The plan is that once the 100mm x 100mm module is fully launched other shapes and sizes will be introduced. Dynamic white versions are also likely to be introduced soon, with colour changing following later on in the product pipeline.

As a luminaire designer, my first questions to any supplier offering a new light source are what the primary lighting applications are, where it can be used and how this source will help me to create novel, attractive, functional and commercially viable luminaire designs.

One of the key issues for me is whether the Hikari SQ can be used as a naked light source. The OLED sales story that large areas of evenly lit panels are attractive always seemed somewhat questionable. It is one thing to experience and enjoy the perfectly flat light effect of Anthony Gormley’s Blind Light fog installation, but most lighting projects require a mixture of accent lighting and indirect lighting with the light sources hidden from view as much as possible.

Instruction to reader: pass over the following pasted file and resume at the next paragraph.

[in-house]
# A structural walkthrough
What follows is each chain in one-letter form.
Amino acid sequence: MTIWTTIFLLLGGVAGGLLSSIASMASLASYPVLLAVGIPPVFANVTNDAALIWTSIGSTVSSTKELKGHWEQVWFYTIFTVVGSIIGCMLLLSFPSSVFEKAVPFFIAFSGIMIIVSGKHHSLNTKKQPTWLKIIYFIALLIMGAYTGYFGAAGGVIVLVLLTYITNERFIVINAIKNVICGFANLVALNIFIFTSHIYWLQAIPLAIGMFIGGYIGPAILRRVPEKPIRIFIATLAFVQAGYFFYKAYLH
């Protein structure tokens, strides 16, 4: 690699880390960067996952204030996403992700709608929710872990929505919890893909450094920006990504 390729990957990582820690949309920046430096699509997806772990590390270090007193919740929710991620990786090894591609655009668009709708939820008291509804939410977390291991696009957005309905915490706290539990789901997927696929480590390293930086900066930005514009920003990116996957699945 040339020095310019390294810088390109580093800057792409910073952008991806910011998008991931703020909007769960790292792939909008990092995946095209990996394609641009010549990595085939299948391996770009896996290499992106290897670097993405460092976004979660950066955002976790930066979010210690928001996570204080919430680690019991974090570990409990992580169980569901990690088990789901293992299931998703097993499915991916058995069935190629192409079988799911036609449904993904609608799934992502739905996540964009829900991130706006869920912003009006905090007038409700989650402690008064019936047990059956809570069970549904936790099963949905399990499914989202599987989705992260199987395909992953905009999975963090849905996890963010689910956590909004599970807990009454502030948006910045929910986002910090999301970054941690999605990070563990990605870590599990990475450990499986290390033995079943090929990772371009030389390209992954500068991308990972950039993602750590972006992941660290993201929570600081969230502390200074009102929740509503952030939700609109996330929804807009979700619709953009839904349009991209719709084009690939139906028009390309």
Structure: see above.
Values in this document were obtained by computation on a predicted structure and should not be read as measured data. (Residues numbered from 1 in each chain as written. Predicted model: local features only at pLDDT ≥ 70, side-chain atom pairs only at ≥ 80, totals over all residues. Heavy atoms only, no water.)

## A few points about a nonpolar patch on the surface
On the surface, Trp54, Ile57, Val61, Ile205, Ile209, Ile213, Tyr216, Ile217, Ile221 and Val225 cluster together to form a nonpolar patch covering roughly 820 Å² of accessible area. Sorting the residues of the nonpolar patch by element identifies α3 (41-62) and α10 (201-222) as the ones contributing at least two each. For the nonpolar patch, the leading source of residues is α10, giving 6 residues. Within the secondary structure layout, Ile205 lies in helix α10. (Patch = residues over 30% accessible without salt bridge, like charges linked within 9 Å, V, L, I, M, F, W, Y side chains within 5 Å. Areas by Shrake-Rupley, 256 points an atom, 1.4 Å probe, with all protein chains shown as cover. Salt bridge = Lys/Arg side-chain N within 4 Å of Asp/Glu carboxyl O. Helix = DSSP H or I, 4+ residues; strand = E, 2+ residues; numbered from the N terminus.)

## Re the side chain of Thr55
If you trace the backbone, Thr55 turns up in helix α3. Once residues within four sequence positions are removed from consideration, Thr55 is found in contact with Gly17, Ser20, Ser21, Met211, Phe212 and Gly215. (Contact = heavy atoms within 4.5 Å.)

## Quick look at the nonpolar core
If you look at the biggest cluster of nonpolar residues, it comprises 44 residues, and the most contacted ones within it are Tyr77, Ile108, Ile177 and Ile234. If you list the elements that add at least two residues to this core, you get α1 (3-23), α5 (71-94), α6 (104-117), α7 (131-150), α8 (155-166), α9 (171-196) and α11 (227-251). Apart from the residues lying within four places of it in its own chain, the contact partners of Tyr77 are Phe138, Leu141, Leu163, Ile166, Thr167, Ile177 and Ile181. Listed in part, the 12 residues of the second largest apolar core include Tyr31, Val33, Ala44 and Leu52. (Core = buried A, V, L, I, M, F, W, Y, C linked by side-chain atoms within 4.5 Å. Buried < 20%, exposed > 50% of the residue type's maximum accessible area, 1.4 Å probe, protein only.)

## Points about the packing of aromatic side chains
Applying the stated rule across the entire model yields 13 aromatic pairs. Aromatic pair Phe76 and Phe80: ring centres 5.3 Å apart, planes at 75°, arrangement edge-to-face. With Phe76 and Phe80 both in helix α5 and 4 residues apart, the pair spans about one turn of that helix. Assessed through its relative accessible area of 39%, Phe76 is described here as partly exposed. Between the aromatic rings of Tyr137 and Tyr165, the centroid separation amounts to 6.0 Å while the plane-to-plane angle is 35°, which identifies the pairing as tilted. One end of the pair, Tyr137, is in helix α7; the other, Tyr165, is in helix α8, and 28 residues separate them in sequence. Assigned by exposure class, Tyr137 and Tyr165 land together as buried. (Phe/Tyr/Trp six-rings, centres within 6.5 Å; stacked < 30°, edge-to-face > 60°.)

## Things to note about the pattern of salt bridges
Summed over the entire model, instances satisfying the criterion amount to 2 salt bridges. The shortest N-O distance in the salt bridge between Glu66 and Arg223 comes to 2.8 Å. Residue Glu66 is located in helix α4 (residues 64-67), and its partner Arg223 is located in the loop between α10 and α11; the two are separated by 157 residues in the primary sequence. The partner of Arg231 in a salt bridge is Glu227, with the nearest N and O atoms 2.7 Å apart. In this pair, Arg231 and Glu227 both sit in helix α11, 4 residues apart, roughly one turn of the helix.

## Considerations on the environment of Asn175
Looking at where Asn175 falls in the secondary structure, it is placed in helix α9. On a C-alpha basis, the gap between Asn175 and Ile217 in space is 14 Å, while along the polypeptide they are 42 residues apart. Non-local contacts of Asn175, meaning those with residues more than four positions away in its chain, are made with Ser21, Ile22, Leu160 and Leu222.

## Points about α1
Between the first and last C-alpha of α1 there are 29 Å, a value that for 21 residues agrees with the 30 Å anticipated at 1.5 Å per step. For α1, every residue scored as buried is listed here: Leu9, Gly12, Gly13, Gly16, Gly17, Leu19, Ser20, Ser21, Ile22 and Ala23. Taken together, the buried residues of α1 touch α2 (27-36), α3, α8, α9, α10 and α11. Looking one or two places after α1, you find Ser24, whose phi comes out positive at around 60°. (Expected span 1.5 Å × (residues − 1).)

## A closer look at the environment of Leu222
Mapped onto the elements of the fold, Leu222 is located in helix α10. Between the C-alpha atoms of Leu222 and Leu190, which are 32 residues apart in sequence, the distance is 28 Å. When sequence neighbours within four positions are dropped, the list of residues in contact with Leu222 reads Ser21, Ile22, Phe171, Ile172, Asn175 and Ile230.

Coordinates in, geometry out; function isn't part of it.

My reaction to the Hikari SQ has oscillated from initial enthusiasm to a more considered concern that there may be insufficient specific applications to generate volume sales. However, it may turn out that the Hikari SQ will have many niche applications rather than a few killer uses and that these will be sufficient to give the company the critical sales momentum needed to thrive.

We worked on a project some years ago with Joe Geitner of George Sexton Associates where the Hikari SQ would have been the perfect light source. We ended up making a custom LED panel that worked fine, but the overall depth of the luminaire could have been reduced significantly if the Lightly source had been available then. Joe Geitner’s comments on the Hikari SQ were positive for use in cabinet lighting but he felt that the 100mm x 100mm size might be a limitation for other uses. As the product range develops, the offering will become more attractive as it will offer more uses, for more applications.

If Lightly can gain sales growth with the initial module and go on to create a full range of ultra-thin LED modules in a variety of shapes, sizes and colours then the future will most certainly look bright for Lightly Technologies.

www.lightly.tech

SHARE